Reason for the death
According to reports, the elephant may have drowned before passing away. However, the exact cause is still being investigated.
“We suspected that the elephant died due to drowning in the river. Right now, we cannot say the exact cause of his death. After the postmortem report we can say how the elephant died,” said a forest official.
Poachers, however, are suspected by environmentalists of poisoning the elephant.
It’s noteworthy that many elephants died last year in the national park from anthrax.
The jumbo’s body has been sent for a post mortem report, and the cause of death will be made public then.
“Blood was noticed coming out from the elephant’s mouth. We suspected that the elephant was poisoned by poachers. Dehing-Patkai National Park has a big elephant population and poachers enter the forest to hunt elephants,” said Devojit Moran, an environmentalist.
He said, “A few years ago many elephants were killed by poachers at Lakhipathar forest. The forest department should keep an eye on the illegal activities going on in the forest. Recently, Dehing-Patkai was upgraded as National Park but many villagers living in the vicinity of the forest don’t know. The forest department should involve the villagers to check illegal activities in the forest.”
“Last year we collected samples from dead elephants and found anthrax. So, right now we can’t say anything because we are waiting for the postmortem report,” said a forest official.
Recent such case
In May 2021, Lightning killed 18 wild elephants in Assam’s Nagaon district.
An autopsy report found that on May 13, a powerful negative lightning flash with a peak current of 39,000 amps killed 18 elephants in Kandali Proposed Reserve Forest in central Assam’s Nagaon district.
There was no foul play, according to Assam Environment and Forest Minister Parimal Suklabaidya, who also ruled out revenge killings and poisoning as possibilities.
The North Eastern Regional Disease Diagnostic Laboratory (NERDDL) in Guwahati, with meteorological inputs from the North East Satellite Application Centre in Umiam, Meghalaya, also denied any anthrax outbreak.
“From the available history, detailed study of the circumstantial evidence at the site, the study of gross and histopathological lesions, laboratory reports nullifying the presence of anthrax-like bacilli and any toxins or its metabolites in the submitted samples and correlation with the available meteorological data that prevailed during that period, in our opinion, the 18 elephants found dead in the Kandali hills have died due to electrocution by lightning,” a detailed report submitted the vet team on May 27 said.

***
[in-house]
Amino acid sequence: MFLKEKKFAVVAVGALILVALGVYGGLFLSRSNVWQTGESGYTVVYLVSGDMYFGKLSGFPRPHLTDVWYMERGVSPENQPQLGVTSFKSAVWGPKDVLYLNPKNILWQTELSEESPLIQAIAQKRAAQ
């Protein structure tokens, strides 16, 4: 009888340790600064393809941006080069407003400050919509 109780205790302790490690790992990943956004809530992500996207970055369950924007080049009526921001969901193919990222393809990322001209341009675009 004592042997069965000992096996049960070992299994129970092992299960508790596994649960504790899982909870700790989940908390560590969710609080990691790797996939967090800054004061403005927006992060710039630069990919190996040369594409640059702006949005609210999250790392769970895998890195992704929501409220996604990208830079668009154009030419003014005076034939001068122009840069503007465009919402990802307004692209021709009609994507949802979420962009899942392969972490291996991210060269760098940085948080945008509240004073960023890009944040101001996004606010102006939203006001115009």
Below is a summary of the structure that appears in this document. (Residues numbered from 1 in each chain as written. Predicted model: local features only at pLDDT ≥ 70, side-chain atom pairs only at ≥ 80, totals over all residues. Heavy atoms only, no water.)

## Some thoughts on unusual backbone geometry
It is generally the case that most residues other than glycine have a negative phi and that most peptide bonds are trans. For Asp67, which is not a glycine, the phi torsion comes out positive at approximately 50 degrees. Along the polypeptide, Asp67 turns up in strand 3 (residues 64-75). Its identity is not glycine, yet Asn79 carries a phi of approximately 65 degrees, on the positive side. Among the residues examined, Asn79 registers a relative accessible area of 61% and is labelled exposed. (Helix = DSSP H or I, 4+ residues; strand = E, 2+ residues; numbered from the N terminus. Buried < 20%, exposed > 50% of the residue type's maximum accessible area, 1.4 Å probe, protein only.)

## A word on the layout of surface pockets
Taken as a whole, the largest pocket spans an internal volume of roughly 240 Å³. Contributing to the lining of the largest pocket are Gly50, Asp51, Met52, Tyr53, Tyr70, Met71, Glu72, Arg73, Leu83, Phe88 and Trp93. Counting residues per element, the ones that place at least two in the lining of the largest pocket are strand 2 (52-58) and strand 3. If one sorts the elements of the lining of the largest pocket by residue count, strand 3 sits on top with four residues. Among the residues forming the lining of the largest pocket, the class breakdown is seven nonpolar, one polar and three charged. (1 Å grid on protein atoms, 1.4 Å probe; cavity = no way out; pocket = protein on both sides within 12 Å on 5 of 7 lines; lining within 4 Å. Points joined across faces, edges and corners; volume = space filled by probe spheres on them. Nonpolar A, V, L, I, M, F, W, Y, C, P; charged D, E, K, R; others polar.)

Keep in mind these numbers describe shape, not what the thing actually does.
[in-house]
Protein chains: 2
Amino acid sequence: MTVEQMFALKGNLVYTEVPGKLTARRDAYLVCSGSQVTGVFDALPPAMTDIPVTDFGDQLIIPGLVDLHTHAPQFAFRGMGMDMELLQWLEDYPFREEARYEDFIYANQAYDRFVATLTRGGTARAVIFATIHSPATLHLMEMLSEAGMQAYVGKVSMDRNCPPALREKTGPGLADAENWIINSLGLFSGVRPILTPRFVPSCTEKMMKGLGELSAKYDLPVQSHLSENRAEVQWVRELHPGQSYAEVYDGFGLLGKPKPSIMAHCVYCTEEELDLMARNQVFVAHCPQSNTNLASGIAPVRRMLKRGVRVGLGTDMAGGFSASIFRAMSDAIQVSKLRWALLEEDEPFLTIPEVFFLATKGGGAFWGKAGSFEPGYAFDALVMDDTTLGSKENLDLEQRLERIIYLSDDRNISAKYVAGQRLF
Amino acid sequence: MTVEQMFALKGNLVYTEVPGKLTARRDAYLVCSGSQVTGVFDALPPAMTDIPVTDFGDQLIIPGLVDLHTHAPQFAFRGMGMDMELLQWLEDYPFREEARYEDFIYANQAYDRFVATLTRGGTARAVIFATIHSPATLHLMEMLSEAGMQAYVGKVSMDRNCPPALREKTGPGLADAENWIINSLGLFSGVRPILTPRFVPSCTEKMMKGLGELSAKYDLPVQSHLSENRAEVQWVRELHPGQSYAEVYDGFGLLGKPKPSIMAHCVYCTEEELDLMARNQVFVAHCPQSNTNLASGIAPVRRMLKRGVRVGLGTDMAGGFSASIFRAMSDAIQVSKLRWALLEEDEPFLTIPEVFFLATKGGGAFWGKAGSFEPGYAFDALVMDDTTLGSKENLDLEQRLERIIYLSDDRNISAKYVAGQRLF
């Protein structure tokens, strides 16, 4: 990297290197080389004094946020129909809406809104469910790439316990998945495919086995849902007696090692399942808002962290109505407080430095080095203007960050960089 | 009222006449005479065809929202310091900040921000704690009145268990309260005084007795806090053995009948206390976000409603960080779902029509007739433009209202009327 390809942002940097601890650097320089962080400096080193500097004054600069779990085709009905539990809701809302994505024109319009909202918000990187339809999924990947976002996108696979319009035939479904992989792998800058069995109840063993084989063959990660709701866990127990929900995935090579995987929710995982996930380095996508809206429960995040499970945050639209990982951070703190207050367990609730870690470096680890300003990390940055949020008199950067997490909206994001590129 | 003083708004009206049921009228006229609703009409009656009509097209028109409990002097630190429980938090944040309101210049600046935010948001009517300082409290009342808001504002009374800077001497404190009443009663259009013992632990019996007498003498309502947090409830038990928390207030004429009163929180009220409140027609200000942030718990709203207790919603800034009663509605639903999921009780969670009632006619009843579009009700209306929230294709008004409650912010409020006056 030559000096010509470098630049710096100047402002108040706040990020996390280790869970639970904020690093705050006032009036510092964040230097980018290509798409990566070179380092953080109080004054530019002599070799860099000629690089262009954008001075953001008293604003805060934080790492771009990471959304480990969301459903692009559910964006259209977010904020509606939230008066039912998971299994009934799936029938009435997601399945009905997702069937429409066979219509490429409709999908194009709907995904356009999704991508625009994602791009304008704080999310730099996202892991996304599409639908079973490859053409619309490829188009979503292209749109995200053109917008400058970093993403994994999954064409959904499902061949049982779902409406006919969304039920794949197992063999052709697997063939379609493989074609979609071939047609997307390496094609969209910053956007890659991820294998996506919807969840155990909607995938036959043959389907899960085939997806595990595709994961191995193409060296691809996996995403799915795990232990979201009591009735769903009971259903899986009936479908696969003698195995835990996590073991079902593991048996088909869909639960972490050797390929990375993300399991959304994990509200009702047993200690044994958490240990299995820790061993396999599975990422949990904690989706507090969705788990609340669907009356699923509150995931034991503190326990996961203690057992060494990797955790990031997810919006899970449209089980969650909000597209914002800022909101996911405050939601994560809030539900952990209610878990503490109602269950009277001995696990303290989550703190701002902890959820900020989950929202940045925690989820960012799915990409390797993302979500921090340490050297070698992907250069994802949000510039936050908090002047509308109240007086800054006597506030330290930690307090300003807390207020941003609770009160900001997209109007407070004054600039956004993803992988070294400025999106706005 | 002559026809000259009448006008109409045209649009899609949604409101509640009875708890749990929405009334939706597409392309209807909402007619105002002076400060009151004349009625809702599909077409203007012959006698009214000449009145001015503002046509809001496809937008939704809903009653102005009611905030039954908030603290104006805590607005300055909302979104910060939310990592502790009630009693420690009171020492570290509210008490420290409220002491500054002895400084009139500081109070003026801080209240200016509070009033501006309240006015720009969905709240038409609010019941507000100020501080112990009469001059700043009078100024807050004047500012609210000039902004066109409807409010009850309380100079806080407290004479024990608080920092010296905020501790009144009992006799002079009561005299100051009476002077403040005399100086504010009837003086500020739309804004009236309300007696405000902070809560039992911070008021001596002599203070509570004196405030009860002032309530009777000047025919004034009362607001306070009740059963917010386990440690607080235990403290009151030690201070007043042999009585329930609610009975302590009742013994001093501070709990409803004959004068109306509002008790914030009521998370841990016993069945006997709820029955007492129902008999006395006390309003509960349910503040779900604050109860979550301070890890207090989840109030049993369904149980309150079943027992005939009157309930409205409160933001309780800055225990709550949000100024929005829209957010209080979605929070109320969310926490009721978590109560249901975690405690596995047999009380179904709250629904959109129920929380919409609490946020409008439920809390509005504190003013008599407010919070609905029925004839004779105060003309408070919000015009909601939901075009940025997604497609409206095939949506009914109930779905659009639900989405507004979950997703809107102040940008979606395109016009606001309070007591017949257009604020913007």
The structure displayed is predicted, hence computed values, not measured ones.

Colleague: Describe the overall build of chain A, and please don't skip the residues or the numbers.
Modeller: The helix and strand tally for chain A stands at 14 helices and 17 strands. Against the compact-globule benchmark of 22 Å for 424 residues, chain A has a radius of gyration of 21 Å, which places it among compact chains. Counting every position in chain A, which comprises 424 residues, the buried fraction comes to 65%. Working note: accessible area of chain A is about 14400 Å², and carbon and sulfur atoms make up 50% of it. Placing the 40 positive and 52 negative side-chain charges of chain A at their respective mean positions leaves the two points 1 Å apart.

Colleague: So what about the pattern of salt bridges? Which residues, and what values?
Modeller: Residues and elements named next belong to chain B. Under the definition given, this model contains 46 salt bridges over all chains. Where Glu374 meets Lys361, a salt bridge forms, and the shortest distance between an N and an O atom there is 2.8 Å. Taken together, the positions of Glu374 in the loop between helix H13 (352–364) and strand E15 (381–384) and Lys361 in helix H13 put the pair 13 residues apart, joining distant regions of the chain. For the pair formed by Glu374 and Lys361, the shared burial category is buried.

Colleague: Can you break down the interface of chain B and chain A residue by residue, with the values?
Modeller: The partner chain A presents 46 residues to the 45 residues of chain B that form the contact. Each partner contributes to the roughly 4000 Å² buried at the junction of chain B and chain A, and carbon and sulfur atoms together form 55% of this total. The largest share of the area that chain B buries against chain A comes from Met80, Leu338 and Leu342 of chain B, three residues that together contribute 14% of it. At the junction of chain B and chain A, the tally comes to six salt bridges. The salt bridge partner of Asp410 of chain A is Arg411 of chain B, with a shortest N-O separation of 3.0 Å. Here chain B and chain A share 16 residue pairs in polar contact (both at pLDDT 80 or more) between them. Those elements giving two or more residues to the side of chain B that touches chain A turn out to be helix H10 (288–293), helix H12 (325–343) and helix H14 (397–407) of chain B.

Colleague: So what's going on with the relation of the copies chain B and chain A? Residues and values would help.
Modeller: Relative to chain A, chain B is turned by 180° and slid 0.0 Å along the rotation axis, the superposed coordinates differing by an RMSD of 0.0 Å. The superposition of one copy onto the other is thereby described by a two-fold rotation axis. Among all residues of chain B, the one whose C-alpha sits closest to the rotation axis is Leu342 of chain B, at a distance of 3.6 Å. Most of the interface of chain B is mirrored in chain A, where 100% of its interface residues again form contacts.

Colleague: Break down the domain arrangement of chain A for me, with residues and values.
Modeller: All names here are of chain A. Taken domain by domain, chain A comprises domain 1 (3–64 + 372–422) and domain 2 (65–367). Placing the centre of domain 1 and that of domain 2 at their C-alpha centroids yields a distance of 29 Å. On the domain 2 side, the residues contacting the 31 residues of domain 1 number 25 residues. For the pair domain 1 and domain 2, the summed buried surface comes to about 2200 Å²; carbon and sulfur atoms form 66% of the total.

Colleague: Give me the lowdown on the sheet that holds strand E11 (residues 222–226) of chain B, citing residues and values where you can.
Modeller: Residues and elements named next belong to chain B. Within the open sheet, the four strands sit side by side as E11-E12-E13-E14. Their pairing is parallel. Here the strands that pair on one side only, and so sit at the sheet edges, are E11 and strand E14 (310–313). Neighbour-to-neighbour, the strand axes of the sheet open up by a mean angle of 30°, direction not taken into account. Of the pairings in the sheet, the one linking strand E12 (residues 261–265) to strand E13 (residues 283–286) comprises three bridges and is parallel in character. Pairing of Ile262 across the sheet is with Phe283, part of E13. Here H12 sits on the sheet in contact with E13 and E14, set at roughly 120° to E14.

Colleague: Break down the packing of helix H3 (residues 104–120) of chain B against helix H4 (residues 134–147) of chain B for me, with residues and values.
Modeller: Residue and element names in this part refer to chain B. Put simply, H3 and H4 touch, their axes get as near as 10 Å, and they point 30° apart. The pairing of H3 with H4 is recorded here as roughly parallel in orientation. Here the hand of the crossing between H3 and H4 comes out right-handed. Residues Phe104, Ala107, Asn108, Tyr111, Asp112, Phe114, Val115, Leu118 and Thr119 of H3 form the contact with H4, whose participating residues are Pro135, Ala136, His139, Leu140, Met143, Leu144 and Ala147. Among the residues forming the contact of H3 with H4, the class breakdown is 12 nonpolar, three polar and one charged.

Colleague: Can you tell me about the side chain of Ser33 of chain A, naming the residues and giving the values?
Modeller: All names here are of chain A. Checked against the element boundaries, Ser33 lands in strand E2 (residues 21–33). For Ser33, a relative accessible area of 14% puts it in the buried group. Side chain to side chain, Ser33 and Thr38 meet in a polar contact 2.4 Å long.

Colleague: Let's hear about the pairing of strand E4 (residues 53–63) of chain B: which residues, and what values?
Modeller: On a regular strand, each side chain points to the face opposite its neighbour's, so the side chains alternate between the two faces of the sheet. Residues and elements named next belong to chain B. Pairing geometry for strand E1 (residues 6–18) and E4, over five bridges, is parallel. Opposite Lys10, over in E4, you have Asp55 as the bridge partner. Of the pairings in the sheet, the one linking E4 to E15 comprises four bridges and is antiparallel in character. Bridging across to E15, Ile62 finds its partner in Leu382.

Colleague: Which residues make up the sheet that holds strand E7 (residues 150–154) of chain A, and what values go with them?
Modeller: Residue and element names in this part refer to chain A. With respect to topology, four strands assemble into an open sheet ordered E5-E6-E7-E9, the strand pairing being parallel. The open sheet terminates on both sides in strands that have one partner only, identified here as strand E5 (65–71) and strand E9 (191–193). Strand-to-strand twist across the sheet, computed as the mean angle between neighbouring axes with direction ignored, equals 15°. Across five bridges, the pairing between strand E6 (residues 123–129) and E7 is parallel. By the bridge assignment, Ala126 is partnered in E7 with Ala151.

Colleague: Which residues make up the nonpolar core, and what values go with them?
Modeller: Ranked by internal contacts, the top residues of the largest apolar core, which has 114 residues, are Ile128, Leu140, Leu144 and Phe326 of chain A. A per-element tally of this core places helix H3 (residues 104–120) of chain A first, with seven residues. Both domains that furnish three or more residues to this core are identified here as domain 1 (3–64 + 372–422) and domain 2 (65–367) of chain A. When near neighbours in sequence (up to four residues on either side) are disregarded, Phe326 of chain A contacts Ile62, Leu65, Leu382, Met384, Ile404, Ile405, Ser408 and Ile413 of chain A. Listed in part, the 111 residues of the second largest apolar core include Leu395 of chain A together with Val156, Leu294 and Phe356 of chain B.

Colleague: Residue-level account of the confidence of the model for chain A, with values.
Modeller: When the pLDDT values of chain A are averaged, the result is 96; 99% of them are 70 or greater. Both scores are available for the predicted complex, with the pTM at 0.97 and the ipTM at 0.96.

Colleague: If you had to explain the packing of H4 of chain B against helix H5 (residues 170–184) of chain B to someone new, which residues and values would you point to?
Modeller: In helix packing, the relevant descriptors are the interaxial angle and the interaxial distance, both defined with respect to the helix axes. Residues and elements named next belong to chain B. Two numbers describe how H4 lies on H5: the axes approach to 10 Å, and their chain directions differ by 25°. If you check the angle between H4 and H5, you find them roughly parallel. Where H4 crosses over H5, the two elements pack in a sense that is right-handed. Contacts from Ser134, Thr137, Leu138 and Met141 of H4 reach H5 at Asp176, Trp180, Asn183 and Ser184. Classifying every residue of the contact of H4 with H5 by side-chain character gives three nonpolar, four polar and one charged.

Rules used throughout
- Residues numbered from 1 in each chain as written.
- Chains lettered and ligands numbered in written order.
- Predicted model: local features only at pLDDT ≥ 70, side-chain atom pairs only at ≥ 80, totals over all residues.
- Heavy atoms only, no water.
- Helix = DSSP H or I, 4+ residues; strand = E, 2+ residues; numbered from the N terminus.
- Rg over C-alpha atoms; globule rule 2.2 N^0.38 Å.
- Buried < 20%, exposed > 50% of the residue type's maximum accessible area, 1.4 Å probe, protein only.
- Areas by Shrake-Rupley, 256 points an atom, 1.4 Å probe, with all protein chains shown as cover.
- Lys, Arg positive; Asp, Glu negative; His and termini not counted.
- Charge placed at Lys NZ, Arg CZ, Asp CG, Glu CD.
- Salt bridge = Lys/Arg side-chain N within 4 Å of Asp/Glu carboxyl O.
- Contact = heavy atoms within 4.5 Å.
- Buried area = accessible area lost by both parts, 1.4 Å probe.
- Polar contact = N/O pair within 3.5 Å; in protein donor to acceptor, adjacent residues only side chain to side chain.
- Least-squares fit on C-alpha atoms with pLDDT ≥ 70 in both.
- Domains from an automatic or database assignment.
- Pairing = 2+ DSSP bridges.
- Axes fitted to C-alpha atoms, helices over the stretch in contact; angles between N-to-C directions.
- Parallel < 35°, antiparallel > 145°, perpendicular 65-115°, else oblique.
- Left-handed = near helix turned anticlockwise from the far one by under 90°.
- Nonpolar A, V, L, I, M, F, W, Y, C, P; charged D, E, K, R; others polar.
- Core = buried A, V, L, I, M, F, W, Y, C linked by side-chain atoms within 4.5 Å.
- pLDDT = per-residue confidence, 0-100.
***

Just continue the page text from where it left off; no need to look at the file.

“As per in situ spot evidence, the death of the elephants in the herd may not be attributed to any infectious pathological agent or any toxin or poison,” the NERDDL report on June 2 concluded.
Save Dehing Patkai movement
In April, the National Board for Wildlife (NBWL) approved a coal-mining project in the Saleki reserve forest, which is a part of the Dehing Patkai Elephant Reserve, as the nation entered another extended lockdown to stop the spread of COVID-19. Prakash Javedkar, Chairman of NBWL and India’s Minister of Forest, Environment, and Climate Change, presided over a video conference during which the announcement was made.
Protests by environmentalists have erupted in response to this decision, with Guwahati University students starting an online campaign to save Dehing Patkai, Assam’s only rainforest and the ‘Amazon of the East.’
‘The protestors are urging the Prime Minister of India, the Minister of Environment, Forest and Climate Change of India, the Chief Minister of Assam, and the NBWL to stop any current and future coal mining project in Saleki and the whole of Dehing Patkai Elephant Reserve, stating that legal and illegal coal extraction is having and will have catastrophic consequences for the whole ecosystem of the region’, according to the reports of Sentinel Assam.
A petition drive has been started by several environmental NGOs and activists.
According to the study, the Dehing Patkai region is already under threat from high-polluting industries like coal mines, oil refineries, and gas drilling that harm the region’s biodiversity.
“Though the NBWL has allowed the coal mining project on April 7, 2020, illegal mining of coal has been going by the coal mafias in the forest for long affecting the biodiversity of this virgin forestland,” environmental activists reportedly claimed.